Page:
At present there are five Archdioceses – Ernakulam-Angamaly, Changanacherry, Trichur, Tellicherry and Kottayam and 13 eparchies – Bhadravathi, Belthangady, Irinjalakuda, Kanjirapally, Kothamangalam, Idukki, Mananthavady, Mandya, Palai, Palghat, Ramanathaapuram, Thamarassery, and Thuckalay within the canonical territory of the Major Archiepiscopal Church and 12 eparchies outside, of which Adilabad, Bijnor, Chanda, Gorakhpur, Jagdalpur, Kalyan, Rajkot, Sagar, Satna, and Ujjain in India are with exclusive jurisdiction and Kalyan and Faridabad in India. The St. Thomas Eparchy of Chicago in the United States of America, Eparchy of St. Thomas the Apostle of Melbourne), The Syro-Malabar Eparchy of Great Britain (Preston) and Apostolic Exarchate for the Syro-Malabar faithful in Canada are also enjoy personal jurisdiction. More over there are three Apostolic visitators also in the Syro-Malabr Chruch: Apostolic Visitator for the Syro-Malabar Migrant Faithful residing outside the territorium proprium in India, Apostolic Visitator of the Syro-Malabar Faithful in New Zealand and Apostolic Visitator to Europe.
There are altogether 4318204 (4.3 million) Syro-Malabarians within the 32 Syro-Malabar Eparchies and approximately 5,85,900 members live as migrants outside any Syro-Malabar Eparchy. There are 58 Bishops, 8547 priests (3,556 diocesan and 4,991 religious), and 32,114 women religious and 1214 major seminarians. Many Bishops, priests, religious and laity of the Syro-Malabar Church are present all over the world and share in missionary and pastoral life of the sister Churches.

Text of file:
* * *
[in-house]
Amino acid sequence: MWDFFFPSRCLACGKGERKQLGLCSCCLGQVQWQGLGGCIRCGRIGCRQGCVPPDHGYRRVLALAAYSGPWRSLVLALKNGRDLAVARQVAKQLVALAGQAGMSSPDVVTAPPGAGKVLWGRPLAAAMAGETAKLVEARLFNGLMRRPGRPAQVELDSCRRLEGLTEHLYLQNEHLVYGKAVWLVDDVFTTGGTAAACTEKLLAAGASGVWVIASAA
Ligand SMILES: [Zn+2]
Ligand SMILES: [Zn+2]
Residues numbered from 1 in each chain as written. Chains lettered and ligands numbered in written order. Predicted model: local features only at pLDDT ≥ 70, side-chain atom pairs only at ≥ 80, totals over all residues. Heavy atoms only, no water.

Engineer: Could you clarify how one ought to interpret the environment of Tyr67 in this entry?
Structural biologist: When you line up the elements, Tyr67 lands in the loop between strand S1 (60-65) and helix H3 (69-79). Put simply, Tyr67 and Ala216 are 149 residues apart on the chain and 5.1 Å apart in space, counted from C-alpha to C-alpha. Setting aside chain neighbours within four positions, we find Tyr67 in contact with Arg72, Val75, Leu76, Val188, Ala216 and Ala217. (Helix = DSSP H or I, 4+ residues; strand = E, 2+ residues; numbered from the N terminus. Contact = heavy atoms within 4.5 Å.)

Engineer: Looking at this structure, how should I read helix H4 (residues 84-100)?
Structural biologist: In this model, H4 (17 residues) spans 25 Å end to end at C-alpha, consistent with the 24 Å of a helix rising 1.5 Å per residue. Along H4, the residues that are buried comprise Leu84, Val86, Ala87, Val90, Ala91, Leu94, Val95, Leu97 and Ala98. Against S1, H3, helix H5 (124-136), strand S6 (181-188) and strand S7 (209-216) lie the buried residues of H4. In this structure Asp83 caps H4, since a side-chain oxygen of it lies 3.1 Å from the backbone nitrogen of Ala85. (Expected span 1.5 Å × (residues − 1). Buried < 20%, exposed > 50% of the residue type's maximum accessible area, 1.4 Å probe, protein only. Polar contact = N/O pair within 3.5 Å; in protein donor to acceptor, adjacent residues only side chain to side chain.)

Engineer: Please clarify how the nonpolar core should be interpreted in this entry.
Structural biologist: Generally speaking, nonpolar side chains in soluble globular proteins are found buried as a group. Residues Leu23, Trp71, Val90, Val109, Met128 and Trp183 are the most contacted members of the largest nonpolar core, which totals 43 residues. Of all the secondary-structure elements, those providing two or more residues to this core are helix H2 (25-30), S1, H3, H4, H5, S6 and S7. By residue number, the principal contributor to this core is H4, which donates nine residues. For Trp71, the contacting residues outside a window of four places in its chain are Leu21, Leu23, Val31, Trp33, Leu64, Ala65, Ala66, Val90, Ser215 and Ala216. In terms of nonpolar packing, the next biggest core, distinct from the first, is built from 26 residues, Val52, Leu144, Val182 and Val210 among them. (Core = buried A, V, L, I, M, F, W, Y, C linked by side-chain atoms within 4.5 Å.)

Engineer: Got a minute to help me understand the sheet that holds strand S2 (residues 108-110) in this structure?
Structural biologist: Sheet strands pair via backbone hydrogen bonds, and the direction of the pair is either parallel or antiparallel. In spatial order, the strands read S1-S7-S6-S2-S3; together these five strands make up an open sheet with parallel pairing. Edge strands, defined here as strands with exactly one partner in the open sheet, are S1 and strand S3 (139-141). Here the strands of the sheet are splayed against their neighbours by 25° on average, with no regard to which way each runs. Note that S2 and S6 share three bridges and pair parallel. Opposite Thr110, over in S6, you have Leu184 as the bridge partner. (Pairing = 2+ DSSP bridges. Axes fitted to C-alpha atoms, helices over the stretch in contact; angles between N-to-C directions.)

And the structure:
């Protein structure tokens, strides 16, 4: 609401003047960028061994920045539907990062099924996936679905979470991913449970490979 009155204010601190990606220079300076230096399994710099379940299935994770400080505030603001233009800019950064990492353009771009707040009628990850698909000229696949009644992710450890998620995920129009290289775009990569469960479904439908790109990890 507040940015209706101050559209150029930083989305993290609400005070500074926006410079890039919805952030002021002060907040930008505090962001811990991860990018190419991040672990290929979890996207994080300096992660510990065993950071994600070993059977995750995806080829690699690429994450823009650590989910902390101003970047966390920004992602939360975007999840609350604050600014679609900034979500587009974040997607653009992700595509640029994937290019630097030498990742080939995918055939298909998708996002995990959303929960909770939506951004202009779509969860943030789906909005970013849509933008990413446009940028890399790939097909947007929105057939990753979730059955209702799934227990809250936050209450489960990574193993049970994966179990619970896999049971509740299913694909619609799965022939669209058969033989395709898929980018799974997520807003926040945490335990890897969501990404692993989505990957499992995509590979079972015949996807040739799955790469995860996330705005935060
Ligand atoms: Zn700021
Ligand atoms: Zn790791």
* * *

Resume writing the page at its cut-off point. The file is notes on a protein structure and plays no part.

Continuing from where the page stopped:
The Syro-Malabar Church Today
On December 16, 1992, Pope John Paul II, by the Apostolic Constitution Quae maiori (Acta Apostolicae Sedis, 85, pp. 398-399), raised the Syro-Malabar Church to the status of Major Archiepiscopal sui iuris Church with the title of Ernakulam-Angamaly. Mar Antony Paidyara, the then Metropolitan of Ernakulam was appointed its First Major Archbishop with Mar Abraham Kattumana as the Pontifical Delegate who discharged the duties of the Major Archbishop. Archbishop Kattumana died unexpectedly during his visit to Rome in April 1995 and Mar Padiyara was given the powers of the Major Archbishop. In November 1996 Cardinal Padiyara resigned from his office as Major Archbishop. In his place Archbishop Varkey Vithayathil, C.Ss.R. was appointed as the Apostolic Administrator. In December 1998 he was appointed Major Archbishop by the Pope. In February 2001 Archbishop Vithayathil was created a Cardinal by Pope John Paul II. In 2004, the Holy See granted full administrative powers to the Syro-Malabar Church, including the power to elect bishops.
Major Archbishop Varkey Cardinal Vithayathil passed away on Arpil 1, 2011. On 24 May 2011 Mar George Alencherry was elected Major Archbishop. Pope Benedict XVI confirmed the election on 25 May 2011. He is the first head of the Syro-Malabar Church to be elected by its Synod. On February 18, 2012 Major Archbishop George Alencherry was made Cardinal and a member of the Consistory.